Friday, December 15, 2006

Did the workers unite for tolerance?

I always enjoy it when the Left runs off with their own rhetoric and seems to take themselves seriously. One example was a little diatribe in People’s World Weekly. As you might guess from the absurd name they are on the far, far Left. And there is an article there by Joe Bernick of what is called Salt of the Earth Labor College (yawn).

And his article is about the defeat of Proposition 107 in Arizona which was the constitutional measure to ban same-sex marriage. Bernick says the “corporate-owned press” said “our rejection of Prop. 107 was due to the western libertarian traditions, the spirit of Barry Goldwater...” But Bernick has another argument.

It was class consciousness and the solidarity of the working peoples of the world with the oppressed peoples of the world standing up the corporate power. He says “a quick check of election returns would have demonstrated to these so-called pundits that Prop. 107 was defeated in working-class and liberal university precincts...” It was explaining how working people would be harmed that did it. It showed “working-class Arizonans that this was an attack on working people. When working people learned that 107 was an attack on all working people, they responded with a resounding ‘no’.” It is surprising how many times one can say “working people” in a row.

But you have enough to figure out his claim. The workers of the world, well at least of Arizona, united and defeated this proposition. I did find it funny that he mentioned the major newspapers, corporate-owned everyone of them, had opposed the measure as well. Apparently the working people include the corporate masters of the newspapers. But let’s ignore that contradiction and concentrate on the main thesis. The working peoples (always plural in Left-wing jargon) defeated Prop 107. It wasn’t the well off but “working class Arizonans” who defeated the measure. Is this actually the case?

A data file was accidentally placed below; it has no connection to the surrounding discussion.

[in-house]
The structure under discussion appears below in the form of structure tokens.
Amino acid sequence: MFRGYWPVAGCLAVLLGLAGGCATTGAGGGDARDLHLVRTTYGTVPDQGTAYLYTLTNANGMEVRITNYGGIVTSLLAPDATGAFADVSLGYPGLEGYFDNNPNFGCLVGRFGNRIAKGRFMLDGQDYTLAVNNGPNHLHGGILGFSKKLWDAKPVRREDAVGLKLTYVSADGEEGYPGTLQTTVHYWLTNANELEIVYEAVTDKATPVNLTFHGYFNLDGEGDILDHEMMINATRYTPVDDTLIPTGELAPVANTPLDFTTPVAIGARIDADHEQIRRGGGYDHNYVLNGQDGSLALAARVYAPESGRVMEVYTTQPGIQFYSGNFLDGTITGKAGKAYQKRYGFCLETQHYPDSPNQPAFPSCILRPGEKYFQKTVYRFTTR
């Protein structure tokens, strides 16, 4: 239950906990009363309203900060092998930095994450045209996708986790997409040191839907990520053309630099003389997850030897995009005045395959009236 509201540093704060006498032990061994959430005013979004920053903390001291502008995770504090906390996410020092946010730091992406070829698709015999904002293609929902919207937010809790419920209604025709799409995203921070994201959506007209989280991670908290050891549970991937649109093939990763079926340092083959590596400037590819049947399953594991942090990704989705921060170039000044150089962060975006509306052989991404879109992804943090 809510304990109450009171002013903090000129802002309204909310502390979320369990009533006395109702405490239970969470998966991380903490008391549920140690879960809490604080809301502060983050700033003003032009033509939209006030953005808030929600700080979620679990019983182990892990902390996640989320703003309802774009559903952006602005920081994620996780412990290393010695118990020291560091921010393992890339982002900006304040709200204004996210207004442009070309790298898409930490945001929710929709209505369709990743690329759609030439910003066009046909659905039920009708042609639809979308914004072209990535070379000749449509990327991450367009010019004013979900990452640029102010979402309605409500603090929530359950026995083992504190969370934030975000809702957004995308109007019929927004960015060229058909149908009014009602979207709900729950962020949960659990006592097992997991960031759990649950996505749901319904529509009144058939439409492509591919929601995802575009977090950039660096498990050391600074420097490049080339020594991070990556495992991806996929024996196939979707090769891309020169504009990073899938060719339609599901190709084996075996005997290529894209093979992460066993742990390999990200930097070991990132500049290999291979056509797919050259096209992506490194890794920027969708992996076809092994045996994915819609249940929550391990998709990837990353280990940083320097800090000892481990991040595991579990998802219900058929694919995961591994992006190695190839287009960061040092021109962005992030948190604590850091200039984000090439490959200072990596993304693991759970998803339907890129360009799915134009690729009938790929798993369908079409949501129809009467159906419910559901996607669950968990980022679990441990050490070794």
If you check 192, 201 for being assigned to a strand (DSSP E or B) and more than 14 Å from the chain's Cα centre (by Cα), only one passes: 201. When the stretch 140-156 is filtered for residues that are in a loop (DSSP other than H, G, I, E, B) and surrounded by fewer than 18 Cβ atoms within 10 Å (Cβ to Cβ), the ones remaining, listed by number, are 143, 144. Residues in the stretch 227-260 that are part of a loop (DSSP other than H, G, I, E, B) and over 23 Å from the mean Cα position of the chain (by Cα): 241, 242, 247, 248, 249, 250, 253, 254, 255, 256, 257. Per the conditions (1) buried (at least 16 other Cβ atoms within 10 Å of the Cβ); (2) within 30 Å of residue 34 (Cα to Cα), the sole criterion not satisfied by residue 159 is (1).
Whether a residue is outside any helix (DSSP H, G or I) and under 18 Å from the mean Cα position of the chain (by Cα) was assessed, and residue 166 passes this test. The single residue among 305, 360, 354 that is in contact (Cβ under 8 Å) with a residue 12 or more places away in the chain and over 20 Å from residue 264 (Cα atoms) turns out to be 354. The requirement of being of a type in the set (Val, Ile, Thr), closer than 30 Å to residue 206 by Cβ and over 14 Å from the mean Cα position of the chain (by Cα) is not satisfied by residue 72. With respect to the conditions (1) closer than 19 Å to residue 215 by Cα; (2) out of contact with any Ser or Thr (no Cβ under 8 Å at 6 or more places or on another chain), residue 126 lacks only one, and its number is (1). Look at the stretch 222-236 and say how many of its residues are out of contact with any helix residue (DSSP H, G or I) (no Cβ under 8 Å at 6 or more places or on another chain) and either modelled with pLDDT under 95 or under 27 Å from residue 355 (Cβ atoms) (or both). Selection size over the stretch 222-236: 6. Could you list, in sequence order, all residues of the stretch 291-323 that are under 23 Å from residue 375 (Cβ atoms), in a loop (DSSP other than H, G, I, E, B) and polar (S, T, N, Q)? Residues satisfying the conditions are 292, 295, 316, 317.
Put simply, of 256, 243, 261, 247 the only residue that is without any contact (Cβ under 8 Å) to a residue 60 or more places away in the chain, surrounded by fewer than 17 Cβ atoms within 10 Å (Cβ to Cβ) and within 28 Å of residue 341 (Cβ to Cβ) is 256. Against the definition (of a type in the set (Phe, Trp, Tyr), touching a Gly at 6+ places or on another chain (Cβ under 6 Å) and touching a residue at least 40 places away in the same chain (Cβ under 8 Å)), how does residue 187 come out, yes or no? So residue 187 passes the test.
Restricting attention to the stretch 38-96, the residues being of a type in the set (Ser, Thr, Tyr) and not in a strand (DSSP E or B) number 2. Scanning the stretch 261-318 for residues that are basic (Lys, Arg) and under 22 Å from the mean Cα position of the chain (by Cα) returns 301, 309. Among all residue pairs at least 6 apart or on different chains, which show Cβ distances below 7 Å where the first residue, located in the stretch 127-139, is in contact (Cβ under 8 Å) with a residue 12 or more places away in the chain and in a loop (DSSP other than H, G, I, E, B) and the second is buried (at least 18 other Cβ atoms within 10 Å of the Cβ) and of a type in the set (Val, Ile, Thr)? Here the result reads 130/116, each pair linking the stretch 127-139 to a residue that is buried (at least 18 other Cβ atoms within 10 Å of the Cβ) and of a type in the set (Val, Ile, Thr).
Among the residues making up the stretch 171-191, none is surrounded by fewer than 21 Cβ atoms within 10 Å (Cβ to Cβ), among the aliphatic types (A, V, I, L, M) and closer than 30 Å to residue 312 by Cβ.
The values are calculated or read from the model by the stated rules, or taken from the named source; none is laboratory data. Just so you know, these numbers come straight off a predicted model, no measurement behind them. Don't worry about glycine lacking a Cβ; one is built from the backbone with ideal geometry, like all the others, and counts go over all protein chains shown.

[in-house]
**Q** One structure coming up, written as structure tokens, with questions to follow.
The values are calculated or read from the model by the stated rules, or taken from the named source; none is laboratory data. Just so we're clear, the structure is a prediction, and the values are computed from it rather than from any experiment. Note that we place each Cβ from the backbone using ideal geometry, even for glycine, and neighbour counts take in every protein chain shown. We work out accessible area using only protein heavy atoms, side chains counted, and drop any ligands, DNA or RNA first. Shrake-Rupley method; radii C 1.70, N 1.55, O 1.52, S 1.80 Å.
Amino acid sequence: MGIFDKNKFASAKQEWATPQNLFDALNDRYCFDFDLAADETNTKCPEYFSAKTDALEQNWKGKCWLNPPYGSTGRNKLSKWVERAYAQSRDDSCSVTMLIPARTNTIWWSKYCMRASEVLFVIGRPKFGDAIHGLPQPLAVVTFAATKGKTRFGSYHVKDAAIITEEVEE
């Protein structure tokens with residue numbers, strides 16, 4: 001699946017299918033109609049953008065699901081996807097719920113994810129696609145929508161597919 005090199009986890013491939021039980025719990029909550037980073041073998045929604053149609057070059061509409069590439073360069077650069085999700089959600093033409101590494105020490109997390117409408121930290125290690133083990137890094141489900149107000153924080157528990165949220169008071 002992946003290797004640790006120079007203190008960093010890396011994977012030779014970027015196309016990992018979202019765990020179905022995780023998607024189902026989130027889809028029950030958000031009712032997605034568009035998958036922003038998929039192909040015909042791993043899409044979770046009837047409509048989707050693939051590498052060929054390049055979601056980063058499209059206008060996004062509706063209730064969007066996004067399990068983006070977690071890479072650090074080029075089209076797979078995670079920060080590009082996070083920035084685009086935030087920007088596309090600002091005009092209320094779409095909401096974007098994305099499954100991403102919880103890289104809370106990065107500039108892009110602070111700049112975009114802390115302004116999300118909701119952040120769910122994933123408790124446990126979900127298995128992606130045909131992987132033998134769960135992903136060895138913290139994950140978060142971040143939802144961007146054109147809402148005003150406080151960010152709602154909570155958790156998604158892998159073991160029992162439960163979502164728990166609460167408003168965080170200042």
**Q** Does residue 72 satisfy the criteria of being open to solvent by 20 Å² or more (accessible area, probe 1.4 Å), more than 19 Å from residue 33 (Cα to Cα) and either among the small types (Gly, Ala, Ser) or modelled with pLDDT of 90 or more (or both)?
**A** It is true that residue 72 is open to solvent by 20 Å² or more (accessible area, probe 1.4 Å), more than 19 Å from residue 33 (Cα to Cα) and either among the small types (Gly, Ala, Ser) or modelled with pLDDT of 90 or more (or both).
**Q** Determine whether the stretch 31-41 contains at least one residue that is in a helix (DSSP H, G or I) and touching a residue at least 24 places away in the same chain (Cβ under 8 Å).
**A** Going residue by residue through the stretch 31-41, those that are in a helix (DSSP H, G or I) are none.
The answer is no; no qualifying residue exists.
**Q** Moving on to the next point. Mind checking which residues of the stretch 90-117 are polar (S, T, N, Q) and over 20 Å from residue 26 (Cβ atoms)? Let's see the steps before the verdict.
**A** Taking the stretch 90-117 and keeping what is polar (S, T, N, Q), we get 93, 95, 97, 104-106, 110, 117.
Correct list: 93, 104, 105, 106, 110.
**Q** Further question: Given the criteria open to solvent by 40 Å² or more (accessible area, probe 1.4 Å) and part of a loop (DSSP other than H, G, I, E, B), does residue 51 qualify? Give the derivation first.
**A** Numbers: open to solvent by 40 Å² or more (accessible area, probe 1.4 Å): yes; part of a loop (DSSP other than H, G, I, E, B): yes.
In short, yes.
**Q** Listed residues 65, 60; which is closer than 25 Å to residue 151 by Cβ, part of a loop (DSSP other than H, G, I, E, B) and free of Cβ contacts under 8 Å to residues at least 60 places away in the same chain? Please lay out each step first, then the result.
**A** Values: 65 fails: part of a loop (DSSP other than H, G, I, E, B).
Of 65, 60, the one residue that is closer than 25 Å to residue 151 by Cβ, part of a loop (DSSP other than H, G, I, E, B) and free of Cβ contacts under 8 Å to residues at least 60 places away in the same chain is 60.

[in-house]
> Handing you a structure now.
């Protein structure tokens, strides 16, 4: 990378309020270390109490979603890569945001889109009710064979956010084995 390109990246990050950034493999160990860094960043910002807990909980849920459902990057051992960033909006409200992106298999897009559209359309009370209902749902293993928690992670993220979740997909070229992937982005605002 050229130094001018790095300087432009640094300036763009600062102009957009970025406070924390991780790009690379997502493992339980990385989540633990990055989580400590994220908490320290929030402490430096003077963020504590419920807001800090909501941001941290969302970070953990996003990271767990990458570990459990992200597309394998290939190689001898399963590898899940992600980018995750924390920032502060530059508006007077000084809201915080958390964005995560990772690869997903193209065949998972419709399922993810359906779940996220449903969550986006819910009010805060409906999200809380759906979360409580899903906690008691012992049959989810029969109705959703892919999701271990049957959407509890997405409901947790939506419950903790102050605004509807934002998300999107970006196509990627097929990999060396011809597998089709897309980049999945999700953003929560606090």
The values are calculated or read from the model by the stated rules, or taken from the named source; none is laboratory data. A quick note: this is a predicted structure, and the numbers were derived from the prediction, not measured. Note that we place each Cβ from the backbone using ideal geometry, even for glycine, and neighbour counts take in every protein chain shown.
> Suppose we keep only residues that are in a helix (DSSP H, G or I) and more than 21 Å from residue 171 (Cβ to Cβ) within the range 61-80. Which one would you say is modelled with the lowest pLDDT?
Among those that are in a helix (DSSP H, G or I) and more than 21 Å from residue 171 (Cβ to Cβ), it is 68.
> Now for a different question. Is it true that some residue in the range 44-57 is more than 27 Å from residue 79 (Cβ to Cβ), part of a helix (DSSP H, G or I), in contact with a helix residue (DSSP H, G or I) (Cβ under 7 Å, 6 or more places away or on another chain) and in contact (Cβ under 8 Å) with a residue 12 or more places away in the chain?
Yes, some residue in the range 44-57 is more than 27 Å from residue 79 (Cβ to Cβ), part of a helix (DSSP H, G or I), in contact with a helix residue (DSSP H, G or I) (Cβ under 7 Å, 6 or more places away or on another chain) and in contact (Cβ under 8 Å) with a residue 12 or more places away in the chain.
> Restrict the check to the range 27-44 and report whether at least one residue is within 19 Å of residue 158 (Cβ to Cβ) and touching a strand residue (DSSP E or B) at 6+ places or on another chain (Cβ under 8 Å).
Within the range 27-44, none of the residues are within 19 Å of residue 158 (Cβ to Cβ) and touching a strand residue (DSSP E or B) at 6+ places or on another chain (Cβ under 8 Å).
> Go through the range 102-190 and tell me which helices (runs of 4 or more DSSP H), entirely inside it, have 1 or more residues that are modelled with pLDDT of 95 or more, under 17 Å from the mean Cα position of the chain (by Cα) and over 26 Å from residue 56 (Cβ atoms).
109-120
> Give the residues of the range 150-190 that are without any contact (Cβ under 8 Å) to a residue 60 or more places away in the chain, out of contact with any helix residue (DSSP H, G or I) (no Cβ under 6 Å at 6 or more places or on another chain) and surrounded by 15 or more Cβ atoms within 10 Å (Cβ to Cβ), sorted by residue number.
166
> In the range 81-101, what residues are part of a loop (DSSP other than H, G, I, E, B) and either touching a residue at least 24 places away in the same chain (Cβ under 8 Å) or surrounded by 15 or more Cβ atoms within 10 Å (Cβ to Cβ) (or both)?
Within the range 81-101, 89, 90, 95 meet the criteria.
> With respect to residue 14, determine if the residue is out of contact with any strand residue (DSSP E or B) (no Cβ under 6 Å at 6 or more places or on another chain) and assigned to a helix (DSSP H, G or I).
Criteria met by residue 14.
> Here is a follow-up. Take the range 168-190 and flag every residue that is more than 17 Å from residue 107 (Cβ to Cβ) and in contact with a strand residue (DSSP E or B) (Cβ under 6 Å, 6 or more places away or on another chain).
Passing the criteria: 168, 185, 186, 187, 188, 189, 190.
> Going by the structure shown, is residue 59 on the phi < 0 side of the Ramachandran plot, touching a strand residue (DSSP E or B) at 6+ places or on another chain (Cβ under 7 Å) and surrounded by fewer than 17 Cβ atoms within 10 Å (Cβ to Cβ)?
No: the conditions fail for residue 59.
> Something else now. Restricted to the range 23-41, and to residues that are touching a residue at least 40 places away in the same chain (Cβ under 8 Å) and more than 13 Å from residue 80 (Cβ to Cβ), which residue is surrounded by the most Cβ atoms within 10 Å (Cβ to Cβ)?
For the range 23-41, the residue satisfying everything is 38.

We do have exit polls showing roughly who voted and how they voted by various categories. The exit polls I used for this article can be found here. Bernick’s data, well, he doesn’t cite any source for his claims.

So do the exit polls support his thesis. Not at all. Surely income is some sort of gauge to tell who is working-class and who isn’t. If Bernick is correct then those at the bottom of the economic ladder coalesced together to defeat the measure while those at the top opposed it. If we look at those who earn less that $50,000 and compare them to those who earn more than $50,000 per year we find that 55% of the wealthy group rejected the measure while 48% of the poorer group did. In other words if the the poorer group were the only voters Prop 107 would have passed.

Individuals who earned $150-200,000 per year voted against the measure by 68 percent. In comparison those earning $15-30,000 supported Prop. 107 by 53% to 47%.

Education is also a good indication of working class or not. Most people who fail to graduate high school are working class, most people with postgraduate degrees are not. Well 65% of those who did not graduate high school supported Prop. 107 while 67% of those with postgraduate degrees opposed it. Sixty percent of high school graduates vote for the measure but 52% of college graduates opposed the measure.

If you look at race as a factor you find that 52% of white voters opposed the measure but 61% of black voters supported it. Which of those groups is usually described more at the working class? Latino votes were split down the middle on the measure and other (I assume mostly Native American, were against the measure by 53%.

Now it is true that the poll didn’t ask people if they were “working class” or not. But income, education, are often strong indicators for that category. And what we do find is that the working class groups tended to support Prop. 107 not oppose it.

Bernick does say it failed in university areas and that is true. Young voters tended to oppose the measure but most college students are not what you would call working class. And opposition to Prop. 107 in this age group was strong across all political lines.

These polls are not surprising though they do contradict this idea of a coalition of the working peoples of the world uniting against oppression. One reason for the Republican push against gay marriage was that surveys showed black, working class Americans to be the most antigay group around except for fundamentalist Christians. This was supposed to be a wedge issue to bring black voters over the Republican Party. That is why Rove came up with the strategy.

Historically it was the wealthier groups in society that were supportive of gay rights and the poorer groups that opposed them. Individuals deemed working class are more likely to want to bash a gay person than embrace them.